Men are made in no small degree by their adversaries. Grant had great adversaries. They fought with a dash and a tenacity, with a gallantry and an enduring purpose which the world has known in Americans, and in Americans alone. At their head rode General Robert E. Lee, marked with a purity of soul and a high sense of personal honor which no true American would ever stoop to question. No force ever quelled their intrepid spirit. They gave their loyalty voluntarily or they did not give it at all. It is not so much the greatness of Grant as a soldier but his greatness as a man, not so much his greatness in war as his greatness in peace, the consideration, the tenderness, the human sympathy which he showed toward them from the day of their submission, refusing the surrender of Lee’s sword, leaving the men of the Southern army in possession of their own horses, which appealed to that sentiment of reconciliation which has long since been complete. It was not a humiliation but an honor to remain under the sovereignty of a flag which was borne by such a commander.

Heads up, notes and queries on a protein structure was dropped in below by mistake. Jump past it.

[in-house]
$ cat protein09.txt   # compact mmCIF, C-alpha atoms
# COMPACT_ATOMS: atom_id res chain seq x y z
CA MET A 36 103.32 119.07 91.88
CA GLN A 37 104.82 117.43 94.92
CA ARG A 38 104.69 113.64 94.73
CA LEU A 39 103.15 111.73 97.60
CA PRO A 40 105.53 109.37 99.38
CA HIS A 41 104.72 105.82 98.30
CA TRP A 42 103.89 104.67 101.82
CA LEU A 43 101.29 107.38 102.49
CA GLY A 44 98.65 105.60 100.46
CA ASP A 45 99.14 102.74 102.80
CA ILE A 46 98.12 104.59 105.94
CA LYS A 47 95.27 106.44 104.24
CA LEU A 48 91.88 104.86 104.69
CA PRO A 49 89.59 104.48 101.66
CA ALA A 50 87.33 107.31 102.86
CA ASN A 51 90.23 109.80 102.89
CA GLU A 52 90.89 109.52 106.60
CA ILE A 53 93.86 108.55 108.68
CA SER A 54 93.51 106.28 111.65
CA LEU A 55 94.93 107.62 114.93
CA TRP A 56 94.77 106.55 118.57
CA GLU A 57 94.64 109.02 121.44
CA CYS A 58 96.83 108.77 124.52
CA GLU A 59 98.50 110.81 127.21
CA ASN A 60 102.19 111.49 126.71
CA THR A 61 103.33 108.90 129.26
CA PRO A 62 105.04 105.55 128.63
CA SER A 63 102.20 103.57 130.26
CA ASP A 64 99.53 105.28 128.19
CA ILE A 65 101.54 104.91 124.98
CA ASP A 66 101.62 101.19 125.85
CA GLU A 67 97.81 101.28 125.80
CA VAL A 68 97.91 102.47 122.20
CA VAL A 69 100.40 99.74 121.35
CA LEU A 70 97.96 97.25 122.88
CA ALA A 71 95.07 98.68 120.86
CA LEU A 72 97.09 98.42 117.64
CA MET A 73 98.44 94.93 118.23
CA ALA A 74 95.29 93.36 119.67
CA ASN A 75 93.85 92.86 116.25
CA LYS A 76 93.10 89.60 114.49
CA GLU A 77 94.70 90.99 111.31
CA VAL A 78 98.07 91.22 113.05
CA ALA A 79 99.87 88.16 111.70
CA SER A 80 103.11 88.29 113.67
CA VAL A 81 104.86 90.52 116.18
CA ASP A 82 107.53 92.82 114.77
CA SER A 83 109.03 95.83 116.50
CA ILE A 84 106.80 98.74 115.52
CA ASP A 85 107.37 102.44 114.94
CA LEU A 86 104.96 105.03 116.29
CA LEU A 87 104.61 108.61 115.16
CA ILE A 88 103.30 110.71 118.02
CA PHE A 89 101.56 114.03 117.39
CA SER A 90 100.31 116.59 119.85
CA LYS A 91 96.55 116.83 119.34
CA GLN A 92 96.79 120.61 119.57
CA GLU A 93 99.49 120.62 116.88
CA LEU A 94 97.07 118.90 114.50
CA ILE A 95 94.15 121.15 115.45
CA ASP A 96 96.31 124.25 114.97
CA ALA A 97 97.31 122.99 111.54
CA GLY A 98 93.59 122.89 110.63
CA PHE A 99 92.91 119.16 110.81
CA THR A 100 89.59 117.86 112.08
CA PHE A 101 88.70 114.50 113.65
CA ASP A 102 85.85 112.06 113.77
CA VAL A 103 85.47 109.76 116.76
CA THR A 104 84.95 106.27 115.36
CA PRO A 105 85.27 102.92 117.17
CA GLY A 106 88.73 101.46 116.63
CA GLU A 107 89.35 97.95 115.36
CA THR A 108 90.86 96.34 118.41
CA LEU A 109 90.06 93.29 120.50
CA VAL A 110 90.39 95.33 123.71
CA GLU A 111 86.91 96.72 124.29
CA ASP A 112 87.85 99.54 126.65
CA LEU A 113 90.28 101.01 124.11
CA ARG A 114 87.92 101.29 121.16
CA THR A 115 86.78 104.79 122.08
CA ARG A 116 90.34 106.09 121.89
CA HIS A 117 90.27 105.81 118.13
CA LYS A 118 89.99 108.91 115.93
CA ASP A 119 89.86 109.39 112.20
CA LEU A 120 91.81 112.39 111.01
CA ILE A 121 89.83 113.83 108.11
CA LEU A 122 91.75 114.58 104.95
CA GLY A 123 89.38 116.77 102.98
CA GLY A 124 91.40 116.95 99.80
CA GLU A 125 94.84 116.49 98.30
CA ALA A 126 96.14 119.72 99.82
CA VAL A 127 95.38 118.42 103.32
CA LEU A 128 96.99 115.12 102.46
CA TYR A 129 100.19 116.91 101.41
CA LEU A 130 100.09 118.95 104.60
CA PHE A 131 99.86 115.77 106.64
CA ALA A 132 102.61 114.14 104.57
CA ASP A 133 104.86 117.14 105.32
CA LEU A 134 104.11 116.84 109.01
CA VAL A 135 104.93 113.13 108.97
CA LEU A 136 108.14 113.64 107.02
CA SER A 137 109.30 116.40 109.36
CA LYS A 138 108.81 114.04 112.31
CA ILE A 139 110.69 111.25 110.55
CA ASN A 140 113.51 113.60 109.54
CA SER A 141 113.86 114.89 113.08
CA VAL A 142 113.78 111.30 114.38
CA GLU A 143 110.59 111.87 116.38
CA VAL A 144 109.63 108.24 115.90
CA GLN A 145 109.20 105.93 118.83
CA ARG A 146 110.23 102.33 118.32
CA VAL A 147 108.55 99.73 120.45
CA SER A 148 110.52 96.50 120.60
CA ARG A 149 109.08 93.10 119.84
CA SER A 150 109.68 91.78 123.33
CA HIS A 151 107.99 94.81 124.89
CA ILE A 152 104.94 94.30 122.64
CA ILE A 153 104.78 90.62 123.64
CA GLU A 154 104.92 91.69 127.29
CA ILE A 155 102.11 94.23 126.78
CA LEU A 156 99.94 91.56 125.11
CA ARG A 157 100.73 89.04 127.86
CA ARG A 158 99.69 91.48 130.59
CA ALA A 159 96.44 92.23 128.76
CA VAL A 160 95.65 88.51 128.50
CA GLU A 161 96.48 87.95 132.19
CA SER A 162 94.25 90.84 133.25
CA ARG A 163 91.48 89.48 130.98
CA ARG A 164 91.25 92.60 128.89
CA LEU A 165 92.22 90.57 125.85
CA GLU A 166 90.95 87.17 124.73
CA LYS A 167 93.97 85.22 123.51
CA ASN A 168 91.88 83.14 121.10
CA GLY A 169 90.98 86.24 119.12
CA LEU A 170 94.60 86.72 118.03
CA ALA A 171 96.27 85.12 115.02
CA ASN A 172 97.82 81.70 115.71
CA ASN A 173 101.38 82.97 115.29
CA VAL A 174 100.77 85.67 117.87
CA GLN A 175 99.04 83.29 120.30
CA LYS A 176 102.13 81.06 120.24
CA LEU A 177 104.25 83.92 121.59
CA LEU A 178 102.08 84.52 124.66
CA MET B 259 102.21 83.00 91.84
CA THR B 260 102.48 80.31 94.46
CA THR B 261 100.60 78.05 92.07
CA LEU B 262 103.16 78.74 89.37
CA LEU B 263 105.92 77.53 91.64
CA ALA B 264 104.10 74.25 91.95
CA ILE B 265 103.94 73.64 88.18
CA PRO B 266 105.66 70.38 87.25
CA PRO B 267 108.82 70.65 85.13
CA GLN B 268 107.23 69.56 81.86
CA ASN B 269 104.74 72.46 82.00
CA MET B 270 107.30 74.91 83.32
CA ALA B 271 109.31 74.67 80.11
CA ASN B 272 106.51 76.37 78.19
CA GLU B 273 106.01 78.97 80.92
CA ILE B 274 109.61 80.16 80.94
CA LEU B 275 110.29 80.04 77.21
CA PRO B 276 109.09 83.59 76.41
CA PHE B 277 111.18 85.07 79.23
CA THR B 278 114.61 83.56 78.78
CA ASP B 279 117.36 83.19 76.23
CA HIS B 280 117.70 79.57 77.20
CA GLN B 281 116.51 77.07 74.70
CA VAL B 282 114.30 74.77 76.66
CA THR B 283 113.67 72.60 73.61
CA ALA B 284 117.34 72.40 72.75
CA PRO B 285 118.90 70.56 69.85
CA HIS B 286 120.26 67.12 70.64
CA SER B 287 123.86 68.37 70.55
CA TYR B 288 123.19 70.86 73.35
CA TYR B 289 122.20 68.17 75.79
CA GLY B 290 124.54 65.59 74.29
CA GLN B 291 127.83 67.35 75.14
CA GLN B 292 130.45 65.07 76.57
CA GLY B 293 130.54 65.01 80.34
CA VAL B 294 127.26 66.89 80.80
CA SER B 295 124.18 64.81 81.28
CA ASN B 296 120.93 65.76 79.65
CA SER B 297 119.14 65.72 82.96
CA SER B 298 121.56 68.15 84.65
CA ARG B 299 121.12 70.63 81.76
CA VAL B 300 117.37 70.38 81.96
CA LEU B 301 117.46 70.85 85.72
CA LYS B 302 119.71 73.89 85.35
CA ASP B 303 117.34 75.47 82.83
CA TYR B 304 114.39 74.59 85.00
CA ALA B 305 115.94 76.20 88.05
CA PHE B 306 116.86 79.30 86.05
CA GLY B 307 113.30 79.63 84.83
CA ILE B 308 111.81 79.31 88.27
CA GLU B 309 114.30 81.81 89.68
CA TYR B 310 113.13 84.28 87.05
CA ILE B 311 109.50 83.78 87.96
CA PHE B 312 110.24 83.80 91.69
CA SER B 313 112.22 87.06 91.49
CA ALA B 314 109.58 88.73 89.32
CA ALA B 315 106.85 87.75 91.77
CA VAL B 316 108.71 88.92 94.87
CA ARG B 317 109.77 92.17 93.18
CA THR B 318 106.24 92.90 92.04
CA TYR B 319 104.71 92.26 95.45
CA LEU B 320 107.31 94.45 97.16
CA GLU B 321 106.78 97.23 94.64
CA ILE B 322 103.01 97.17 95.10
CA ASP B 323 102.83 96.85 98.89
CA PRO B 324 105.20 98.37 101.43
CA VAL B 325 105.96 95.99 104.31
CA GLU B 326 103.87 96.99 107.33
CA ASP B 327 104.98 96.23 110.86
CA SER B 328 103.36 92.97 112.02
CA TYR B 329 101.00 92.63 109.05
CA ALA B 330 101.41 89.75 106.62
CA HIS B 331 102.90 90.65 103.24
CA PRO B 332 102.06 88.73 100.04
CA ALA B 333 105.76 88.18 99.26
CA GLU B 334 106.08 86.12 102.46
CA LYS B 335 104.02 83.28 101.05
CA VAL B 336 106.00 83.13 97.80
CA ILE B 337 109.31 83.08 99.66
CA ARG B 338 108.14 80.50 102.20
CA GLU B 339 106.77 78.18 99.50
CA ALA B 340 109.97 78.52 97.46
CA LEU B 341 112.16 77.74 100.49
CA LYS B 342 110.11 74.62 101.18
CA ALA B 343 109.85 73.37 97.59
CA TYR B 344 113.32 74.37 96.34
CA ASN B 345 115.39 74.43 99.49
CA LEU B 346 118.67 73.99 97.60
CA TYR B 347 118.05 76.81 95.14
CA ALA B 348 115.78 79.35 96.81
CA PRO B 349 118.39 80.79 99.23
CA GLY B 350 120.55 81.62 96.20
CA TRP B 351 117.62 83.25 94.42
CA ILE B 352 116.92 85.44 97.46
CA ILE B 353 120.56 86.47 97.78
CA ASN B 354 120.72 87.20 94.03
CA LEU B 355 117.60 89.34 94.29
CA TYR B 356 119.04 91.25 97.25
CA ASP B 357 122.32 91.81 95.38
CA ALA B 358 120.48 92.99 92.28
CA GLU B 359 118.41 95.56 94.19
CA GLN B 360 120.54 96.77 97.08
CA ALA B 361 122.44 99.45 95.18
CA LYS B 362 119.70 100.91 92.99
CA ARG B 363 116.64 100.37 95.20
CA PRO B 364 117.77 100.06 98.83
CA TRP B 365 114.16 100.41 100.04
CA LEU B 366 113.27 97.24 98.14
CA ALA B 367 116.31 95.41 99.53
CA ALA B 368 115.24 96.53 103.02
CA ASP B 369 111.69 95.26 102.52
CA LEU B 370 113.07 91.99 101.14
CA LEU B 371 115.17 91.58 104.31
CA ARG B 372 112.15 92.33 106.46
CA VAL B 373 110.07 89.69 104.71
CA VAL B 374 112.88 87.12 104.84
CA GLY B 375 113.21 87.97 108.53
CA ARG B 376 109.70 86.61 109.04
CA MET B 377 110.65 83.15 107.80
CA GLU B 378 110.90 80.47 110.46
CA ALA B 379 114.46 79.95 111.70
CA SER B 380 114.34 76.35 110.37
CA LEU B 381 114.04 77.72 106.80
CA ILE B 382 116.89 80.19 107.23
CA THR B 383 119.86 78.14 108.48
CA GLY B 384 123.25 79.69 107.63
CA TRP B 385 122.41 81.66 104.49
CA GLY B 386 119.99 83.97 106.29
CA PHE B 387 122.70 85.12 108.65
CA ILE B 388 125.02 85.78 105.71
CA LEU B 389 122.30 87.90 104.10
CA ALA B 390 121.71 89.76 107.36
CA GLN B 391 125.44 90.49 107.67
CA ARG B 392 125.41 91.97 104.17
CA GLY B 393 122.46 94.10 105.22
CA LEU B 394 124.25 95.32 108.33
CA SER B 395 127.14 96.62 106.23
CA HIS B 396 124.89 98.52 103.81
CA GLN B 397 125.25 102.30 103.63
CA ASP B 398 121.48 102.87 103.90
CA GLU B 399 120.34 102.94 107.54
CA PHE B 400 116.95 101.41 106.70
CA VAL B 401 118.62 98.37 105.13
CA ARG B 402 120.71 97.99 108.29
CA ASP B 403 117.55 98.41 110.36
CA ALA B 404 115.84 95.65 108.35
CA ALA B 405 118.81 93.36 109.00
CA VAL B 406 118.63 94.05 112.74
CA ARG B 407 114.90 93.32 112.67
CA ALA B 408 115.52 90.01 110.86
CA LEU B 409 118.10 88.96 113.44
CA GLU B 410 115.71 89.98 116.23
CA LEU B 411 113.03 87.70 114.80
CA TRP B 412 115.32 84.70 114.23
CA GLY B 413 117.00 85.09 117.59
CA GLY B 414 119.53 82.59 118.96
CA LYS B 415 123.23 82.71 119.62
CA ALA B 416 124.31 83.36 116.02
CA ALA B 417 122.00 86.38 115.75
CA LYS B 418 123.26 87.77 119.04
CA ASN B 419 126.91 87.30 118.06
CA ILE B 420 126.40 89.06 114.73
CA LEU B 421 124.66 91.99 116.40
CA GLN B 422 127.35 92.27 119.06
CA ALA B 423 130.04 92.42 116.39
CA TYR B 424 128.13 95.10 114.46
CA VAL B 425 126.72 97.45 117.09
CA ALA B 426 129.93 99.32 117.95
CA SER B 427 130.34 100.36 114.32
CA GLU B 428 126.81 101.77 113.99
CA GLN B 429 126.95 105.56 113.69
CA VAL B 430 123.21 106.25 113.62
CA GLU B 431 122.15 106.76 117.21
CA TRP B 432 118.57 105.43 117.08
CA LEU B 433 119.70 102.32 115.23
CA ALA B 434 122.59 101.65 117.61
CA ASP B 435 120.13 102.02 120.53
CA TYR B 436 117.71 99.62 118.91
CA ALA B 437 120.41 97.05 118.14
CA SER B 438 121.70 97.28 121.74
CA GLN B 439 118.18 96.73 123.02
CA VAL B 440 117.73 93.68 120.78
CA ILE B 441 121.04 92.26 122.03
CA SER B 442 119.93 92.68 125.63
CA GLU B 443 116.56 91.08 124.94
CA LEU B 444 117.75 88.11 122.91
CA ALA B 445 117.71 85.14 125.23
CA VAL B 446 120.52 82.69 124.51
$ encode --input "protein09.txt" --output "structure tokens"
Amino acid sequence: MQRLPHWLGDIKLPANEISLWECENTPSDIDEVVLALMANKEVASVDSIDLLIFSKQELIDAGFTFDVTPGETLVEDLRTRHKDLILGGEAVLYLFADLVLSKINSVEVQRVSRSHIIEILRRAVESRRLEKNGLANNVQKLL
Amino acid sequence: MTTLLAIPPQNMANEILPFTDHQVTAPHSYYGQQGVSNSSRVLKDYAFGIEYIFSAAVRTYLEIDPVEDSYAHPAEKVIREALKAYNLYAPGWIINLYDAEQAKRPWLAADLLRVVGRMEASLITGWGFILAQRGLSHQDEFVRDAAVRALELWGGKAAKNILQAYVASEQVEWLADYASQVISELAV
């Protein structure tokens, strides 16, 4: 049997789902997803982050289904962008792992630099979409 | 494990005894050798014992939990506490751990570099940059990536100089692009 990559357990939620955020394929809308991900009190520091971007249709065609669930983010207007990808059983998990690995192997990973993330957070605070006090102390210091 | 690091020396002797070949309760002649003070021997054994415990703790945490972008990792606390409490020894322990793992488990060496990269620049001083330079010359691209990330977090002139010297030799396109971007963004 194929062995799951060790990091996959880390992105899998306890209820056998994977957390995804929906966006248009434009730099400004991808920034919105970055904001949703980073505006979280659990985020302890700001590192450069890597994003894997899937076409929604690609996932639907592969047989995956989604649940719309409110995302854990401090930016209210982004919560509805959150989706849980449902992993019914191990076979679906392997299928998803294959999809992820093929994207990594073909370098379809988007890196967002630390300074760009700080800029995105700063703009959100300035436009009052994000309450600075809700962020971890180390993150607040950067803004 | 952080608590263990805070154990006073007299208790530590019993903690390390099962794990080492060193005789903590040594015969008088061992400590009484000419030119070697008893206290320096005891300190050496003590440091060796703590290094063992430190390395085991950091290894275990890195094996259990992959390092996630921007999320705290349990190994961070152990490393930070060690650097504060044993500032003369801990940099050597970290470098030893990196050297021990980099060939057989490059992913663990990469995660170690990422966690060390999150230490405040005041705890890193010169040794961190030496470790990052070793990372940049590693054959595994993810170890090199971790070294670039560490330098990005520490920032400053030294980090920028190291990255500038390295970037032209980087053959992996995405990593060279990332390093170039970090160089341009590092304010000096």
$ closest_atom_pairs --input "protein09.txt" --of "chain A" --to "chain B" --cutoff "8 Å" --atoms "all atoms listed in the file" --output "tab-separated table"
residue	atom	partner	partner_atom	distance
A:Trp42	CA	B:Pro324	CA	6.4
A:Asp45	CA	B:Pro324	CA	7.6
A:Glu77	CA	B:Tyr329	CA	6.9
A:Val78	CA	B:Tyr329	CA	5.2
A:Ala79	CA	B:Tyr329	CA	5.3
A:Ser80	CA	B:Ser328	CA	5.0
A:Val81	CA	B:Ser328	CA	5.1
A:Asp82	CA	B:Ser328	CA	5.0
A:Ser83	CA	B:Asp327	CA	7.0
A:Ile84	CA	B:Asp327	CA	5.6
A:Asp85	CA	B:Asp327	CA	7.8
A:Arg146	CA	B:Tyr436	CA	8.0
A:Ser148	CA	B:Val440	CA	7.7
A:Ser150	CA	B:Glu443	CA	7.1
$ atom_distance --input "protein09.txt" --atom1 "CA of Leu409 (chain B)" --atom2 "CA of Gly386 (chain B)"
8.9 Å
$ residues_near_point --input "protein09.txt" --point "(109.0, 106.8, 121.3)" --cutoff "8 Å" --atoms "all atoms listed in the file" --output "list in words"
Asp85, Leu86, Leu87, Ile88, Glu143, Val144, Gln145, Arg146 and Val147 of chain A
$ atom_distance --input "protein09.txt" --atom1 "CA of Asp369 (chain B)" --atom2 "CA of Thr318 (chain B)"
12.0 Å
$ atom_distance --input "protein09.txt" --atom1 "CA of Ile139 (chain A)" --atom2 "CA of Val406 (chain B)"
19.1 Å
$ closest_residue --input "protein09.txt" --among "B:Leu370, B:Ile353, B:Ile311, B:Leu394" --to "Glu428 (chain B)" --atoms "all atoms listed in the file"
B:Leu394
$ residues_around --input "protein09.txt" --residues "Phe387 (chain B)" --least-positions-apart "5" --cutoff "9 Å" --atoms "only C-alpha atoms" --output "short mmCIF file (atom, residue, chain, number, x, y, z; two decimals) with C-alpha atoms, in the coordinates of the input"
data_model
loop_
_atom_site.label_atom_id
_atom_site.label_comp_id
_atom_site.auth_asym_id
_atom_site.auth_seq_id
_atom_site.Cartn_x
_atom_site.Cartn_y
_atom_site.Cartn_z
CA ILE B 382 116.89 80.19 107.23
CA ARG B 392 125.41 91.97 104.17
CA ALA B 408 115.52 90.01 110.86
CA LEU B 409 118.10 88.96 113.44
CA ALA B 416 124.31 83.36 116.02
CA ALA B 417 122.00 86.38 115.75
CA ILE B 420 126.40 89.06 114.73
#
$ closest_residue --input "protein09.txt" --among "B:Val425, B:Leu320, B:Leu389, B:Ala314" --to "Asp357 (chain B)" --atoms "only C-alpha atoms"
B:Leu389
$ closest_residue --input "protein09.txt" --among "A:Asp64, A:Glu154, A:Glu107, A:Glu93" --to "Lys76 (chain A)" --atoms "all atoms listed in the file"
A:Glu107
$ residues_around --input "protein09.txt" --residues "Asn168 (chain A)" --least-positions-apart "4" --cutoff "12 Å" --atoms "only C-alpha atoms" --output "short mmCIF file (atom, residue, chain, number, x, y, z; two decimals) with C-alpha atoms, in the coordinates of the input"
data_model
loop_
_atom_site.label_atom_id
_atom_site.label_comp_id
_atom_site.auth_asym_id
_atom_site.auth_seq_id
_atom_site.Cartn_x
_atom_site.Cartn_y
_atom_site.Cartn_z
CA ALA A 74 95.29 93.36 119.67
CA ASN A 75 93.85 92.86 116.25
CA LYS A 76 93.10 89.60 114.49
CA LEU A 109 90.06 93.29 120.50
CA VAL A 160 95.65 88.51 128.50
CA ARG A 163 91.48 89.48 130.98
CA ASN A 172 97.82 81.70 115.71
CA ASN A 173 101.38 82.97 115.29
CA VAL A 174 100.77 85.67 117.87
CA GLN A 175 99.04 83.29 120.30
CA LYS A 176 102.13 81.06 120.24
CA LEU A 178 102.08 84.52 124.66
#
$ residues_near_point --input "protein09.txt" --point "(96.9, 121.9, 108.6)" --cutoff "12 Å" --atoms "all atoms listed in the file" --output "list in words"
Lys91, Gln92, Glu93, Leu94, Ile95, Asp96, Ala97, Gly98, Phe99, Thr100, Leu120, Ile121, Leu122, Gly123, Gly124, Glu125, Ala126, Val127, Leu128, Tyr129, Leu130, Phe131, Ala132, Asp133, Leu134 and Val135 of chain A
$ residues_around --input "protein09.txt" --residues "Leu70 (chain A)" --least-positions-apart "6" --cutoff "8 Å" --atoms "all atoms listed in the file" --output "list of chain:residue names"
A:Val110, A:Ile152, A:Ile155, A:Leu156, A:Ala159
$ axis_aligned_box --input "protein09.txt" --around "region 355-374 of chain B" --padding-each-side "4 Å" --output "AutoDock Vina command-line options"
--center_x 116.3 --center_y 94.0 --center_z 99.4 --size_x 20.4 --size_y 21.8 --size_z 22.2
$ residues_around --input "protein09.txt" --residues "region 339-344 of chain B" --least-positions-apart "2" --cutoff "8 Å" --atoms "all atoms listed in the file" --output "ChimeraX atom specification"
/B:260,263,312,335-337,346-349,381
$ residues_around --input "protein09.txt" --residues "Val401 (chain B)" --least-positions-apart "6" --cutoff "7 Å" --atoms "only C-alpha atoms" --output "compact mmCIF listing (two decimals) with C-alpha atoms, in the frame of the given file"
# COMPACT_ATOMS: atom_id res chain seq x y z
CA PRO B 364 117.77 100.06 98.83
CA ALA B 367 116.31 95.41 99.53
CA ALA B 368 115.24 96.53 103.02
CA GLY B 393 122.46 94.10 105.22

It was Lincoln who said of Grant: “I cannot spare this man. He fights.” It was Grant himself who said: “Let us have peace.”

Our country and the world may well consider the simplicity and directness which marked the greatness of General Grant. In war his object was the destruction of the opposing army. He knew that task was difficult. He knew that the price would be high; yet amid abuse and criticism, amid misunderstanding and jealousy, he did not alter his course. He paid the price. He accomplished the result. He wasted no time in attempting to find some substitute for victory. He held fast to the same principle in time of peace. Around him was the destruction which the war had wrought. The economic condition of the country was depressed by a great financial panic. He refused to seek refuge in any fictions. He knew that sound values and a sound economic condition could not be created by law alone but only through the long and toilsome application of human effort put forth under wise law. He knew that his country could not legislate out its destiny but must work out its destiny. He laid the foundation of national welfare on which the nation has stood unshaken in every time of storm and stress. His policy was simple and direct, and eternally true.